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North American Lighthouses Adventures

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On The Rocky Coast Of Cape Elizabeth Maine Is The Lighthouse At Two Lights

The quaint and picture perfect town of Cape Elizabeth, Maine is the perfect site for the Two Lights State Park. The natural dramatic, abounding grasslands, and extreme rocky coast are the just the beginning of your Two Lights Lighthouse adventure. Maine’s extremely rocky coasts are legendary, and here you have 41 acres of this rocky coastline projecting out into the magnificent Atlantic Ocean. It is a short walk to the lighthouse, where upon arrival you will be far above the rocky coastline and wild surf, with amazing panoramic views of Casco Bay and the open Atlantic Ocean.

There are two lighthouses nearby the park, and they provided the inspiration for the name of the Park. Two Lights State Park is close by both lighthouses, the Eastern Light is not open to the public, and is an active lighthouse. The light from this lighthouse is automated and can be seen for over 17 miles. The above lighthouse or Western Lighthouse has not been in operation since 1924. It is now a private home and is not open to the public. It was the subject of a famous painting, “Lighthouse at Two Lights.” This famous painting was painted by Edward Hopper.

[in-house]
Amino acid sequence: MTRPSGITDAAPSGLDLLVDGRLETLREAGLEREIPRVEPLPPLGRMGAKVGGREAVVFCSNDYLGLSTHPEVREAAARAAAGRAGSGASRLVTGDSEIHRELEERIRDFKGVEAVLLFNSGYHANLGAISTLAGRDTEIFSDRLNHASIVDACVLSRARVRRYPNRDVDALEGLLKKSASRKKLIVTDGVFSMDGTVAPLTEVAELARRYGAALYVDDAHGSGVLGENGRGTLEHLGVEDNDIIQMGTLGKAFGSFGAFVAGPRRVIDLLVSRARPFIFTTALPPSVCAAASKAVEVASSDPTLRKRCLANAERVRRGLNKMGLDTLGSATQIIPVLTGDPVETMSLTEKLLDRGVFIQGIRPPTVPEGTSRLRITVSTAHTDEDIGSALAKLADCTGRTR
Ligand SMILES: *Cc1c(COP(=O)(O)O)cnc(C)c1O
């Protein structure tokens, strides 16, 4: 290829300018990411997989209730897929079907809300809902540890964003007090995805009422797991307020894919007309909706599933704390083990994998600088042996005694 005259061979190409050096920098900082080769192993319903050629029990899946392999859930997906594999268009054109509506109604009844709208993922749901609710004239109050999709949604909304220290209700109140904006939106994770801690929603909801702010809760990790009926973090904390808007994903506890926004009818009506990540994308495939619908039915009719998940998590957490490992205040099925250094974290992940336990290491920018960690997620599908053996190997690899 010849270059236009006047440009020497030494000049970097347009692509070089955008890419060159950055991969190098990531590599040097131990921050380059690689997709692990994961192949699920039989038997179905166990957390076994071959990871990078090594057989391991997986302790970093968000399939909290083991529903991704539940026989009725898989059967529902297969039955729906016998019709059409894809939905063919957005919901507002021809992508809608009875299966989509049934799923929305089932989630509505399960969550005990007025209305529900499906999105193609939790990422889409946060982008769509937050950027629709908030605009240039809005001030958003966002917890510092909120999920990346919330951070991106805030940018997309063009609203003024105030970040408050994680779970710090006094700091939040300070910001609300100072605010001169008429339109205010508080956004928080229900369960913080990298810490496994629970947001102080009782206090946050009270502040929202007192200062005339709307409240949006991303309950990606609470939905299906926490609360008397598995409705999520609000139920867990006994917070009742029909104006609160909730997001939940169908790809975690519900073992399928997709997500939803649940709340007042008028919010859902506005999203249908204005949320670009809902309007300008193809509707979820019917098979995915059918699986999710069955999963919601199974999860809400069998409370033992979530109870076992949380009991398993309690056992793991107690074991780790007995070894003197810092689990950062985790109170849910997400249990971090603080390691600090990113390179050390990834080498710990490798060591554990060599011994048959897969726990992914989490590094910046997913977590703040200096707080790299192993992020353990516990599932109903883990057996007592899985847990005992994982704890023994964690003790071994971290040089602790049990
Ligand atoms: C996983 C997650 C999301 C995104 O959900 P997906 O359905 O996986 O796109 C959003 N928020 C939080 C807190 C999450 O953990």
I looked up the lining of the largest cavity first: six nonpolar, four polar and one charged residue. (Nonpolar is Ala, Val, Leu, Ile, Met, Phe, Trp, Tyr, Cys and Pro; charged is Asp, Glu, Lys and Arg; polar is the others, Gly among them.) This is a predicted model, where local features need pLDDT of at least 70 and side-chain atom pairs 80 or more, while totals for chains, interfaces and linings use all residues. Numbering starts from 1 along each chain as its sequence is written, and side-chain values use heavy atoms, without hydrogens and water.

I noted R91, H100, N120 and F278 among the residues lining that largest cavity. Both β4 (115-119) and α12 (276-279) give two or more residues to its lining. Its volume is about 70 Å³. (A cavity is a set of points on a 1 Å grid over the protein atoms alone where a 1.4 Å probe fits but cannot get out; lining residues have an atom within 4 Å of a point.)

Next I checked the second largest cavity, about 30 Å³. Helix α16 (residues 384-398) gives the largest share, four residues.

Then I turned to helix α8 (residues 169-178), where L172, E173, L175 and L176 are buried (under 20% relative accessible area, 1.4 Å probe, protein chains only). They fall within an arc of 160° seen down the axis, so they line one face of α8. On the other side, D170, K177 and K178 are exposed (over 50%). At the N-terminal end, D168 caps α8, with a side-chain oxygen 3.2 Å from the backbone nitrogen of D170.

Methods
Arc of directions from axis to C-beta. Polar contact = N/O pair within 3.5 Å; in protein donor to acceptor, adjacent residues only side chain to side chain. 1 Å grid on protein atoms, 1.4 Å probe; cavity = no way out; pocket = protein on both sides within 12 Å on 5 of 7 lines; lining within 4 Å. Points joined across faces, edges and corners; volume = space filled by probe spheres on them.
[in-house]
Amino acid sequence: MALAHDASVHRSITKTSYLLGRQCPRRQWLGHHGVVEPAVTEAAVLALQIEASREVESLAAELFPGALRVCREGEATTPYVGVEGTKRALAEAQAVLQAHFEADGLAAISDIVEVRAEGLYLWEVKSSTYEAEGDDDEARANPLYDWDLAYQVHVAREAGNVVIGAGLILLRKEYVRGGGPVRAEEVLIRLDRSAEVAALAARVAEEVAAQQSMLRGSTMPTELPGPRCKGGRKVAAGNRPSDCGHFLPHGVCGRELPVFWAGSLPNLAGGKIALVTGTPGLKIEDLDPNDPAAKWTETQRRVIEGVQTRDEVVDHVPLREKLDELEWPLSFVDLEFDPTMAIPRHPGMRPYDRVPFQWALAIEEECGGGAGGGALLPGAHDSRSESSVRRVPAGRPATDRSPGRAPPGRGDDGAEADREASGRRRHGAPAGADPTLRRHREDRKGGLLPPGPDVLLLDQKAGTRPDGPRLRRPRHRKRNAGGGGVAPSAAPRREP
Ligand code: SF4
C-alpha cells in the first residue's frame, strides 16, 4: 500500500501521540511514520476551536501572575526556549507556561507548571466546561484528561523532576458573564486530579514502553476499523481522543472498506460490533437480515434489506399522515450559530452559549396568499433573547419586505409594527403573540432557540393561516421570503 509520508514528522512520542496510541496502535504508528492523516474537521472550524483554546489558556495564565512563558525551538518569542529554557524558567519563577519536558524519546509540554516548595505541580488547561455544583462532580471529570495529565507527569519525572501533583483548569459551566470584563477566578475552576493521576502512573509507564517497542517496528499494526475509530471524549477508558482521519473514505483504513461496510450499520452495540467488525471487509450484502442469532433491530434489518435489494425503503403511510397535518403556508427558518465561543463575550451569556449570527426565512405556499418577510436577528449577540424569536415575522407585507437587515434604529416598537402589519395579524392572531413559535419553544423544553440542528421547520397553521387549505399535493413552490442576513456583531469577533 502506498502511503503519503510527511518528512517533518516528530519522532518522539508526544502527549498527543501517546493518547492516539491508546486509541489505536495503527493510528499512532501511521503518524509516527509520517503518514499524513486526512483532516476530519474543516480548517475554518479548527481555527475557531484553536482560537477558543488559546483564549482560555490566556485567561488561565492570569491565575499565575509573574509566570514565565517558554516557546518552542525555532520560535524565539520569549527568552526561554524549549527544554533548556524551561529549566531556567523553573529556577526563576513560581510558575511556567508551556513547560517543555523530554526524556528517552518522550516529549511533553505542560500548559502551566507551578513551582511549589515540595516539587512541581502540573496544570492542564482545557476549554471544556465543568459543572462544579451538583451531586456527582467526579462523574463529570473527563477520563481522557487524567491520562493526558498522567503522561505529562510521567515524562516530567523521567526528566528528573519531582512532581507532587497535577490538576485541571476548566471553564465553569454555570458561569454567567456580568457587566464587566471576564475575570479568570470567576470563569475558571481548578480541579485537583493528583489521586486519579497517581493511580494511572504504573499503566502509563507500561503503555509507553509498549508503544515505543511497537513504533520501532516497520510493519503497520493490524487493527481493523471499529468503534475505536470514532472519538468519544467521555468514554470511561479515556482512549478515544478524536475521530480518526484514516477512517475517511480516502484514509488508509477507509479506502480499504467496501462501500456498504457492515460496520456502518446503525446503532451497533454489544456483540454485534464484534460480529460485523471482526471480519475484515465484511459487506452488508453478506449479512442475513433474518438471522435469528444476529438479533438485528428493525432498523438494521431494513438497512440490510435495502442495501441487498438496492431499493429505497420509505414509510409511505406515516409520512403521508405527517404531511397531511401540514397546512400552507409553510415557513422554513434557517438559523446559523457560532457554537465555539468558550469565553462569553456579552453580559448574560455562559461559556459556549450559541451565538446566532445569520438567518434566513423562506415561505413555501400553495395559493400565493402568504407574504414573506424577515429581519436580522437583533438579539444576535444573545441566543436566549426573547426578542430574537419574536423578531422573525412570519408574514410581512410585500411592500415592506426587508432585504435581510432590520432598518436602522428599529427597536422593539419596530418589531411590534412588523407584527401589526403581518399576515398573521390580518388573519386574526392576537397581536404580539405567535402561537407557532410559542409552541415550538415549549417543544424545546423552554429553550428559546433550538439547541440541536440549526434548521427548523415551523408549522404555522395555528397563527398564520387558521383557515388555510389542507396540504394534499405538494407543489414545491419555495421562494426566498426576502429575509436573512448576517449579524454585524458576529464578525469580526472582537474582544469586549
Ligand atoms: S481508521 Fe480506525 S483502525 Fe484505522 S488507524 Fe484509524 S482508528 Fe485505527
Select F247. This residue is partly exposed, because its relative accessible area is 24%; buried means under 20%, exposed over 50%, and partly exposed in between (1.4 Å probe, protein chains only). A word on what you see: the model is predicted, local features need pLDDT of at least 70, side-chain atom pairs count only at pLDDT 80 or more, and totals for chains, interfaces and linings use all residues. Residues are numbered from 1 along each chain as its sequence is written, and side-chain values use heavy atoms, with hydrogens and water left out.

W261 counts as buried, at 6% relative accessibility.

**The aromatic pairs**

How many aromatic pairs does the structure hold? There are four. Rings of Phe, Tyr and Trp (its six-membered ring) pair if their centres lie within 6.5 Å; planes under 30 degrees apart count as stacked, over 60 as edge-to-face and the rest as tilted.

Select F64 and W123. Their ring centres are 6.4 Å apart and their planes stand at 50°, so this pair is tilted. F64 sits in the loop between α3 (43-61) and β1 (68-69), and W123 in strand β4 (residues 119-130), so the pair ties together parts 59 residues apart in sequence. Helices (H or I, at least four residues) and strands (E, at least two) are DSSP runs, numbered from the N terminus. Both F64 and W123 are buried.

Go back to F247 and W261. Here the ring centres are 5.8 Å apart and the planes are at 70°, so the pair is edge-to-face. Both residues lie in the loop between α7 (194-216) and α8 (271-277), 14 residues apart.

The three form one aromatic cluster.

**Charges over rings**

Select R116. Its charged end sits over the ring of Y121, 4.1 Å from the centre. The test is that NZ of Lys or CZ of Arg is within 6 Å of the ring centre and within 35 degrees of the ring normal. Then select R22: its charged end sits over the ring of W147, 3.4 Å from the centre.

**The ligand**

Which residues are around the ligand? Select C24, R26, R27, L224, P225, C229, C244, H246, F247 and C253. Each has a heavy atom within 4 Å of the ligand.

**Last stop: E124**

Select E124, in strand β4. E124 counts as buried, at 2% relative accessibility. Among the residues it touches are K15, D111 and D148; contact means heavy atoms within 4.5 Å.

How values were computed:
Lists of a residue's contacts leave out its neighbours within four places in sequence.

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Wild Roses With Sea Breezes At Cape Elizabeth In Portland, Maine

The rocky shores of Cape Elizabeth are rugged and filled with the aroma of fresh and beautiful wild roses growing in between the rocks. The freshness of the gentle ocean breezes coupled with the scent of wild roses fills the ocean-side with a hint of wonder and a touch of paradise. What a perfect location to spend your summers. Could it get any more perfect than a rental cottage by the sea?

Cape Elizabeth, in Portland, Maine is known for its small cottages that are rented out for the summer months. Why not make this the year you smell the roses in Portland, Maine. Most of the seaside cottages are listed with the area realtors, and they specialize in short term rentals.